The 'Arctic: Territory of Dialogue' International Arctic Forum: Climate-change effects on the epidemiology of infectious diseases and the impacts on Northern Societies
was held in Arkhangelsk on March 29-30, 2017. The Forum was focused on interactions between international organizations, government bodies, and scientific and business communities from Russia and around the world, who will work together on developing international cooperation, consolidating efforts to ensure the sustainable development of the Arctic, and raising the standard of living of those in Arctic regions.
The Arctic: Territory of a Favourable Living Environment session organized by Rospotrebnadzor took place as part of the Forum. The results of actual research studies of the impact of microbiological and hygiene factors on the health were discussed.
Anna Popova, Chief State Medical Officer of Russian Federation noted that hygienic and epidemiological threats arising from the northern territories and their development are planetary. Shaping a favourable living environment in Arctic is an important task on the national level that brings together the relevant structures, scientific community, business and civil society. A solution of the problem is possible provided systemic study, analysis and management of hygienic and epidemiological risks for the health of the population of the Arctic territories.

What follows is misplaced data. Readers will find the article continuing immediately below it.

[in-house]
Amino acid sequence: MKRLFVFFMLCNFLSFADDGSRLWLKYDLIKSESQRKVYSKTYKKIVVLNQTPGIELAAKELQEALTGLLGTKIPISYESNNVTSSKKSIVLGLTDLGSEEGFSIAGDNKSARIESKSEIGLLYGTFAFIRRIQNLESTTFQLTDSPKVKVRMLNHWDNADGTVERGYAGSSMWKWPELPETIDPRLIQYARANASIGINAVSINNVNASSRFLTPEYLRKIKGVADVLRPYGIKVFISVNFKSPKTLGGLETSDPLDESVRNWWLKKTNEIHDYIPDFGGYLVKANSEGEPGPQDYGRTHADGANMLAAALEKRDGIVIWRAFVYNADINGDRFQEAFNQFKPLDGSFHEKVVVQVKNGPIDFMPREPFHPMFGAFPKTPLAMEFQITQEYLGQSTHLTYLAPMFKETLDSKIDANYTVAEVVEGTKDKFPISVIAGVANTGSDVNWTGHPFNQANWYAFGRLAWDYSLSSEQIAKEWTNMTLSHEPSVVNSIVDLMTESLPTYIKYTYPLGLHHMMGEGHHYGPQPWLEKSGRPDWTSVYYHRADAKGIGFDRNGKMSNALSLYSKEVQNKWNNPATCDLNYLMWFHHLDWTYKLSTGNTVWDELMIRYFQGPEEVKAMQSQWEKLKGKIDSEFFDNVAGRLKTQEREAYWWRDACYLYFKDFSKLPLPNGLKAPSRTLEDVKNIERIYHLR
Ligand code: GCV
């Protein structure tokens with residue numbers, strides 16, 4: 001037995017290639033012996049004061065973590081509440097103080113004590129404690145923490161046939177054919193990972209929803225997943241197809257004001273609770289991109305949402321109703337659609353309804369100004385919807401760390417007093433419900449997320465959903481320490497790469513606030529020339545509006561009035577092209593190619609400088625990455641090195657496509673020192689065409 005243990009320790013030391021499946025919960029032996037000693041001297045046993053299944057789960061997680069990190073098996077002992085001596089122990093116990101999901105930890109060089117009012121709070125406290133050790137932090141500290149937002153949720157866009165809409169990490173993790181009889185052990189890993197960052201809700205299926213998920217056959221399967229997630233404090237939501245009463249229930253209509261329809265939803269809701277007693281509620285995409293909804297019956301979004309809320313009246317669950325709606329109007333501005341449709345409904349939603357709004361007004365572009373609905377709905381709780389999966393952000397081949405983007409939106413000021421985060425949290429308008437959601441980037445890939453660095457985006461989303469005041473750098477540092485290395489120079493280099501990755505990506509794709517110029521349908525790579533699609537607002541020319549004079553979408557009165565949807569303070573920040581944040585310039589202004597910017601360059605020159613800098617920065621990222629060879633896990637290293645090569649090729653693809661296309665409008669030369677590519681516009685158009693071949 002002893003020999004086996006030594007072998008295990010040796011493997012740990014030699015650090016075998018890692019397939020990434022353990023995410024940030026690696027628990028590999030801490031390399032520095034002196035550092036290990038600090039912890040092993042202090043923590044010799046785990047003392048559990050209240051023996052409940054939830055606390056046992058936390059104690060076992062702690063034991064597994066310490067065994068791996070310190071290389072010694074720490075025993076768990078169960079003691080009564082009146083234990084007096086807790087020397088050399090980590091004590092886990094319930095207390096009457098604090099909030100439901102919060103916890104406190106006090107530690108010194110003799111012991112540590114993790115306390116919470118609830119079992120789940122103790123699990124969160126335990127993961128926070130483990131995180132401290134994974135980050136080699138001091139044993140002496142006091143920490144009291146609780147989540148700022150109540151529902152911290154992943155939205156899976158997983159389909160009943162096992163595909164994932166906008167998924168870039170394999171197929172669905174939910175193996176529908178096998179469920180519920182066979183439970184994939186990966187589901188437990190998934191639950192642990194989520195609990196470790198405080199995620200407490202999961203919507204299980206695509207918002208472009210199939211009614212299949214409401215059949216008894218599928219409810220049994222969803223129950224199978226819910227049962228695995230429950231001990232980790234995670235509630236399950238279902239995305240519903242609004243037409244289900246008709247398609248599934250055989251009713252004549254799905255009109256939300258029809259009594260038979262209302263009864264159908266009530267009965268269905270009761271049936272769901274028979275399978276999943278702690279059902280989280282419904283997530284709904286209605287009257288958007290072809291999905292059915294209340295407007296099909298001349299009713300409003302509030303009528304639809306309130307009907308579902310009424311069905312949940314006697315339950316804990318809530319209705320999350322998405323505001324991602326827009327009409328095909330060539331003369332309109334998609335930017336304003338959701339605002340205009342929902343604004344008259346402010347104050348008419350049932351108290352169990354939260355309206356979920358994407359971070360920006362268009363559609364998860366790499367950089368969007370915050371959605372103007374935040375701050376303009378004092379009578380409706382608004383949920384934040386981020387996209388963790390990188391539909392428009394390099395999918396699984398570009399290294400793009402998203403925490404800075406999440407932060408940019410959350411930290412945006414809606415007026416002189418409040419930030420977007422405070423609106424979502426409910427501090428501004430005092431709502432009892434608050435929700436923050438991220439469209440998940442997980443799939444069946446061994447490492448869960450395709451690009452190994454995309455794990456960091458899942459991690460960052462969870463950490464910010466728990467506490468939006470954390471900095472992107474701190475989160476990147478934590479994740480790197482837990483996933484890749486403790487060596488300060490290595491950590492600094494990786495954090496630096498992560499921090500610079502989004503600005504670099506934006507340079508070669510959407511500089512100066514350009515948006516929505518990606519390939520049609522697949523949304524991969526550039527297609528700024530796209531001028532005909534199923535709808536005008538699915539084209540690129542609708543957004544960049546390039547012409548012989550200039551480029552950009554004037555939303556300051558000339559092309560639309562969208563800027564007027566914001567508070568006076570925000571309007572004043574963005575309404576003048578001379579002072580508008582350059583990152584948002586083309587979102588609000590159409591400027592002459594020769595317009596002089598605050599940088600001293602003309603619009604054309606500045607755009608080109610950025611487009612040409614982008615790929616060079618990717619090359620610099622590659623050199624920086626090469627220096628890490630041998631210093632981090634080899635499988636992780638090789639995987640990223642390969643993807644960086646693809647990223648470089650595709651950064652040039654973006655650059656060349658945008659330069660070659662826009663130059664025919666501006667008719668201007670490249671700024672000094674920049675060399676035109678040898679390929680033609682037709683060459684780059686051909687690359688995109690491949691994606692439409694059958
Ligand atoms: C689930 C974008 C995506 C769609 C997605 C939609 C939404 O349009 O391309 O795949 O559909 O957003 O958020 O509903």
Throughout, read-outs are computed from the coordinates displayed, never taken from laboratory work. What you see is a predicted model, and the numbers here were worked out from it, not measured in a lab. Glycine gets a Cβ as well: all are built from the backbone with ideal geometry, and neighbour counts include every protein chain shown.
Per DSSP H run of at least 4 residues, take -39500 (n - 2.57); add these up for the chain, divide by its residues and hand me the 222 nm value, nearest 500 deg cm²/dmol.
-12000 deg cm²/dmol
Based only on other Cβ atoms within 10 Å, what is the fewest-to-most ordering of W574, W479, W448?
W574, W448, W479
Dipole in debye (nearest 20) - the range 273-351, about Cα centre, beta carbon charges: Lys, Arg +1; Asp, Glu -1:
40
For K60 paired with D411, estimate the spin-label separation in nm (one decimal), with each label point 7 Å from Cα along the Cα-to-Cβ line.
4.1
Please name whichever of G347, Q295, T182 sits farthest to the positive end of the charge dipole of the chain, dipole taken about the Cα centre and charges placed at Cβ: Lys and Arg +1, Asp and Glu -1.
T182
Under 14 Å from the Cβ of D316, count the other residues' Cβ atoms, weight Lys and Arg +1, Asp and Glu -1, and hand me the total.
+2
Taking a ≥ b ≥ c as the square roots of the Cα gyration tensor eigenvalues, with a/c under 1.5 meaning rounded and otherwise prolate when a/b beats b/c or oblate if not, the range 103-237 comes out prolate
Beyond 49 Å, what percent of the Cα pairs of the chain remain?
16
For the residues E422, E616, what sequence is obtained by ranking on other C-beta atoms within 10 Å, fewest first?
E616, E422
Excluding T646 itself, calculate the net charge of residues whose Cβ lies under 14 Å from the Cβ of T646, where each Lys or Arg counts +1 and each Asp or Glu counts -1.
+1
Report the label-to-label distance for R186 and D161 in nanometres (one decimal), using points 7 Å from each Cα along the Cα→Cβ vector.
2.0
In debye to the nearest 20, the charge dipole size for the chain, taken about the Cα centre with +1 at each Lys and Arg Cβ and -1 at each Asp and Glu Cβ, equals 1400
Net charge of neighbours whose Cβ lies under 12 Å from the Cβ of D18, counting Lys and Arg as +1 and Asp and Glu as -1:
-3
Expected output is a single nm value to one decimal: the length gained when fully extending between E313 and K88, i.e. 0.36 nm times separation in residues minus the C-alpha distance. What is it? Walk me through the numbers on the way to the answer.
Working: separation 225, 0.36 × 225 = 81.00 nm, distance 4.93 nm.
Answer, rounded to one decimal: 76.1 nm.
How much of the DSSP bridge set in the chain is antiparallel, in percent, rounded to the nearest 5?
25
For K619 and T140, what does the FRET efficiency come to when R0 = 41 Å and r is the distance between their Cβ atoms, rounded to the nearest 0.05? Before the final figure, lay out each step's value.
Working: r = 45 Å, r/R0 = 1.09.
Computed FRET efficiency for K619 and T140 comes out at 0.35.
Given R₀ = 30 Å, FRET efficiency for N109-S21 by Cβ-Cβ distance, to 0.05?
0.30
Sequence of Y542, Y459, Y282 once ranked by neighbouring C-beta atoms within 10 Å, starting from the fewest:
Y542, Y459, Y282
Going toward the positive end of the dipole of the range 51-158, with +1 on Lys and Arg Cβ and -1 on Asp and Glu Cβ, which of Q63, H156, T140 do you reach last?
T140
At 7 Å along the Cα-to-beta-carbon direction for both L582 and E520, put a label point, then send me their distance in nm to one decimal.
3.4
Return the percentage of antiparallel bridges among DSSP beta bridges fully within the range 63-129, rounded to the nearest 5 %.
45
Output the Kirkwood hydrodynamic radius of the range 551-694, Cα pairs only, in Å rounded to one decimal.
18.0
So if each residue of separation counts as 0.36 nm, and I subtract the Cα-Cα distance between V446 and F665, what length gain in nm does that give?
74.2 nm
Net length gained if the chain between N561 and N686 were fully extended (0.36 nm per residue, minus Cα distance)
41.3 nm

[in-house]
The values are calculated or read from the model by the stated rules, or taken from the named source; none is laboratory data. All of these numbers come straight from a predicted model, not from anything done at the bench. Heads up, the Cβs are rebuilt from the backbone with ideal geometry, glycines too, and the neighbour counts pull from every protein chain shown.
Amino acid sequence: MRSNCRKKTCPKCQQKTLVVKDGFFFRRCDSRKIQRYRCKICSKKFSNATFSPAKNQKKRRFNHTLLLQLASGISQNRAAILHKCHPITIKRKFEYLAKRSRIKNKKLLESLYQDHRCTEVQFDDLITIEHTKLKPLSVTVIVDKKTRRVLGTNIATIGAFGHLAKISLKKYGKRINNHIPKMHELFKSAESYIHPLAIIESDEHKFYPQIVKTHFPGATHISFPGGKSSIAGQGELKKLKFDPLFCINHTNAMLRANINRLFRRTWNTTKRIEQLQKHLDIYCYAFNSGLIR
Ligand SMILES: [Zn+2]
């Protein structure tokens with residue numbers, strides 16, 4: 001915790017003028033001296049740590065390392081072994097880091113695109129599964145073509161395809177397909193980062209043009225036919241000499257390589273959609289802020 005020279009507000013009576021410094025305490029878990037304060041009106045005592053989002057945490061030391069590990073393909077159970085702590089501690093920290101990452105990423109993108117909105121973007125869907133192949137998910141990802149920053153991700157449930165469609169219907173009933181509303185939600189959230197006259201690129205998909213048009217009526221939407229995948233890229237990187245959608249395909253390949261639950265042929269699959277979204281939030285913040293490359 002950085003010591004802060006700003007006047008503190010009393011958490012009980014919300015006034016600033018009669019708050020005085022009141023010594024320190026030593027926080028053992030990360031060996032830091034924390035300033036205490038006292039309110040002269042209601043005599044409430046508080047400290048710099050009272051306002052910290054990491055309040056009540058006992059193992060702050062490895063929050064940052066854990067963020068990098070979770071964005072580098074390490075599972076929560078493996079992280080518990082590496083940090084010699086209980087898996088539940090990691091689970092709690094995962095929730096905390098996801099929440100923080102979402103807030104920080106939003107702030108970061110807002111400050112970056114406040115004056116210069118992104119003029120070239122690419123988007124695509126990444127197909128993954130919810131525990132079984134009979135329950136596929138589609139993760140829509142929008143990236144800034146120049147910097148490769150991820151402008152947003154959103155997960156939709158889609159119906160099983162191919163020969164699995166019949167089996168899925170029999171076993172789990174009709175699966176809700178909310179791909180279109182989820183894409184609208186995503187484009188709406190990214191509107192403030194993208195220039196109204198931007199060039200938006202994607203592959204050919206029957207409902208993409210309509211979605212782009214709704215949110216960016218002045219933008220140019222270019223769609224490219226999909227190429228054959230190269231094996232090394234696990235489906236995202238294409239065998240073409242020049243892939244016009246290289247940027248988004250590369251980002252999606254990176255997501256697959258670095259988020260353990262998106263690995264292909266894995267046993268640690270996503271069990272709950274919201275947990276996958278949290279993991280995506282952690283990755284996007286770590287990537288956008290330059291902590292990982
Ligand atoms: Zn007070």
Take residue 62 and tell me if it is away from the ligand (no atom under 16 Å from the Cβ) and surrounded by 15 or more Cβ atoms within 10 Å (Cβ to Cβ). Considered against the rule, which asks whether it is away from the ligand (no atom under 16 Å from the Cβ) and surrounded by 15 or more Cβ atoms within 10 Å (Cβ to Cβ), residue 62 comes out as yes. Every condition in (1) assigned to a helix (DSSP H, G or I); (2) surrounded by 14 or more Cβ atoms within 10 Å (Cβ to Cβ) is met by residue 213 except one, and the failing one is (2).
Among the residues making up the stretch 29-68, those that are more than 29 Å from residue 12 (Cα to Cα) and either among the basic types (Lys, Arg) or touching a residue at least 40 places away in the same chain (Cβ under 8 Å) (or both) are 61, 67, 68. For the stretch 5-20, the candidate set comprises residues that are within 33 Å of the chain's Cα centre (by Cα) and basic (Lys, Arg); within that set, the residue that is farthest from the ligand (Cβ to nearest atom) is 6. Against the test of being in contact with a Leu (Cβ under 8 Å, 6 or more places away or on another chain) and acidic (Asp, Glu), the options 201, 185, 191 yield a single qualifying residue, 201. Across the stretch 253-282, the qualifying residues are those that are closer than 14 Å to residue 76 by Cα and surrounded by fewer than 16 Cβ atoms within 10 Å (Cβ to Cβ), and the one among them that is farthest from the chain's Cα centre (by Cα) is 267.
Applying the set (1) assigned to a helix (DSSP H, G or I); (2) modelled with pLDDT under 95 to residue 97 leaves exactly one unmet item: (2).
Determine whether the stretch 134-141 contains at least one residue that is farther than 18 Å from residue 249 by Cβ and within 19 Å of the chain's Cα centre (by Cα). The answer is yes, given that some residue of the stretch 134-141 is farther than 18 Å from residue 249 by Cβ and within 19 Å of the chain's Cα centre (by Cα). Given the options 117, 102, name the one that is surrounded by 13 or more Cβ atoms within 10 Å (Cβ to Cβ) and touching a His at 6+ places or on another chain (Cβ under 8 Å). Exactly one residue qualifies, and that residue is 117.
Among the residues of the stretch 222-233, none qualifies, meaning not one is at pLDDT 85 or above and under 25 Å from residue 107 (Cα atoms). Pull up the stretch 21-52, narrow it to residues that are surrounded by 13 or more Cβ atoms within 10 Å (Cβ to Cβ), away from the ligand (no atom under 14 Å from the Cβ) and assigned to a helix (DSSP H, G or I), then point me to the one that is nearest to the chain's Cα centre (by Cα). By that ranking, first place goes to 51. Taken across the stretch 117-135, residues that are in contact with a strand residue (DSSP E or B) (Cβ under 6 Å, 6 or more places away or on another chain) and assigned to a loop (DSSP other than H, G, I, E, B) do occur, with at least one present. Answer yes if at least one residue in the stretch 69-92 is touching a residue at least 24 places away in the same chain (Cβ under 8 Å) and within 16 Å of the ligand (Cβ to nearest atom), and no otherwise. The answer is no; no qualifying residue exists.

Professor Birgitta Evengård from the Royal Swedish Academy of Sciences reported of the climate-change effects on the health of humans and the increase of associated epidemiological risks. She stressed that joint projects and programs within the Arctic region countries can become guarantors of sustainable development for the whole world.
According to Areg Totolian, Director of the Institut Pasteur in St. Petersburg / Institute for Research in Epidemiology and Microbiology, and Marianne Røgeberg, Head of Arctic Affairs, NordForsk (Norway), an example of such cooperation is the project of bilateral Agreement, in the process of approval, between the Institut Pasteur in St. Petersburg and Umeå University (Sweden). "Climate-change effects on the epidemiology of infectious diseases and the impacts on Northern Societies" (CLINF)
During the session Areg Totolian shared information about the prevalence of tick-borne encephalitis in northern regions and announced the problem of "polar" immunodeficiency developing in the natural climatic conditions of the northern latitudes.